When old friends get together after a long-standing break, there’s the saying of “picking up where you left off.” In reality, is that even possible? Sure, you’ll always have the memories, but is it really fair to say everything will be the same? One of the few constants in life is change—especially when talking about people. We all get new jobs, significant others, and fall into living situations that mold us into something different.
Pete (Tom Stourton) is excited to spend some time with old college friends for a birthday weekend. His girlfriend Sonia (Charly Clive) is expected to join the next day, and before Pete leaves, he cannot withhold the excitement of speaking to her about the old times and nicknames. He makes his way to his friend George’s (Joshua McGuire) family estate, blasting Darude’s ‘Sandstorm’ ready to have a good time. Upon his arrival, nobody is there—thus, Pete has to spend a good chunk of time alone. It’s the beginning of a very odd, funny, and anxiety-inducing weekend for Pete as he finds out nothing really stays the same.
Director Andrew Gaynord and writers Tom Palmer and Stourton converge their minds together to give All My Friends Hate Me a horror tone that peers into growing states of paranoia. In not seeing people for a while, you want to present your best self—that alone can get dicey. When all Pete’s friends Georgia, his wife Fig (Georgina Campbell), ex-GF Claire (Antonia Clarke), and Archie (Graham Dickson) return home, they bring Henry (Dustin Demri-Burns), an outlandish, humorous local from the pub, back with them. From there, a seed of insecurity grows within Pete. Who is this guy, and why are my friends so comfortable around him? The film plays off the real human emotion of feeling as if you’re being replaced. Pete’s jokes aren’t as funny as they used to be, and there’s a constant urge for him to lighten up.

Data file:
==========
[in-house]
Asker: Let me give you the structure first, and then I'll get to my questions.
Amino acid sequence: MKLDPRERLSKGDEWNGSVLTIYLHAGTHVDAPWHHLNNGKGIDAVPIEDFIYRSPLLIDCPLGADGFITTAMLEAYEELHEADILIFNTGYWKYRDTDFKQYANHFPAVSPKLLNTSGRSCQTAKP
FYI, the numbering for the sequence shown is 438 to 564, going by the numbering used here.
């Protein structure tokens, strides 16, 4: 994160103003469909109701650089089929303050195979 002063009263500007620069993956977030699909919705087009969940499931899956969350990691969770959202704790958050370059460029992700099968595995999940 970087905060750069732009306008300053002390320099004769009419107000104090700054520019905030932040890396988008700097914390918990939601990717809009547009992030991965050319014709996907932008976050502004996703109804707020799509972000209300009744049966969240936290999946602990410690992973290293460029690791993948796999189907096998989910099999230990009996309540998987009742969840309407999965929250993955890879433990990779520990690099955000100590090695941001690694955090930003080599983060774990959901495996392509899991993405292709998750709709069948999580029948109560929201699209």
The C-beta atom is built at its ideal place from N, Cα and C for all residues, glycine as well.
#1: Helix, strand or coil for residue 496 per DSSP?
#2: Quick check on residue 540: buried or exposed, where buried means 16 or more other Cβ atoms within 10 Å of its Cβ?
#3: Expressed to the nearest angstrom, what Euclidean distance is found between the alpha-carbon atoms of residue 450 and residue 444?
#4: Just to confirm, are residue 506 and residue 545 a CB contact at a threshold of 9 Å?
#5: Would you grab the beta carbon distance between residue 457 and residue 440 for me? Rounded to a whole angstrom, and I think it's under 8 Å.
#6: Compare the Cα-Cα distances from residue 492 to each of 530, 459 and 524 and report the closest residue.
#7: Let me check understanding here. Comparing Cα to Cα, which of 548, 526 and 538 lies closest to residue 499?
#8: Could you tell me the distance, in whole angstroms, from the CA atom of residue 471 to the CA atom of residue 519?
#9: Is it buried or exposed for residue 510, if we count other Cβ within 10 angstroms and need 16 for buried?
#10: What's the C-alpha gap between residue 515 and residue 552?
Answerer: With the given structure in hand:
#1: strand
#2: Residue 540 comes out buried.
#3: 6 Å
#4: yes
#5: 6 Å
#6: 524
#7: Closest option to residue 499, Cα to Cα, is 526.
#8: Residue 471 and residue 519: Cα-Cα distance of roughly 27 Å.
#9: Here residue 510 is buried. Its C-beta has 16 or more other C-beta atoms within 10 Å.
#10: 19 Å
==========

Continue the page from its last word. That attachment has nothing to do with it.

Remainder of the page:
But it’s not as though Pete is all innocent. Upon returning from his job helping a refugee camp, it’s all he talks about. This new pillar in his life overtakes any part of conversations that his friends use to update him on what is going on in their lives. There’s an equal pairing of narcissism and self-esteem warring inside Pete that becomes a problem in his own birthday celebration. Are his feelings unfounded and just an over-exaggeration of his anxious mind playing tricks on him? Gaynord utilizes clever devices like sound and tempo to throw the audience off—as if they are an observer in Pete’s mind.
One particular scene sees the group go duck hunting, and not only does Pete not ask to do it, but he’s terrible at it. The sounds of shotguns going off are loud and nerve-fraying. All of Pete’s friends get on him for being so bad when it’s over—the punchlines without the studio audience there to laugh. All My Friends Hate Me will have you thinking about how you may have unintentionally made a fool of yourself.
Some of the scariest things in life aren’t a ghost or a werewolf — it’s the anxiety of being the butt of the joke or not in on it. Our need to find belonging to a community is paramount to our health and psyche. However, holding on to what used to be and not being open to the now is counterproductive. The irony lies in the main character losing themselves in selfishness on their birthday week—a sometimes cruel, but comical, practical joke.
Photo Credit: Super LTD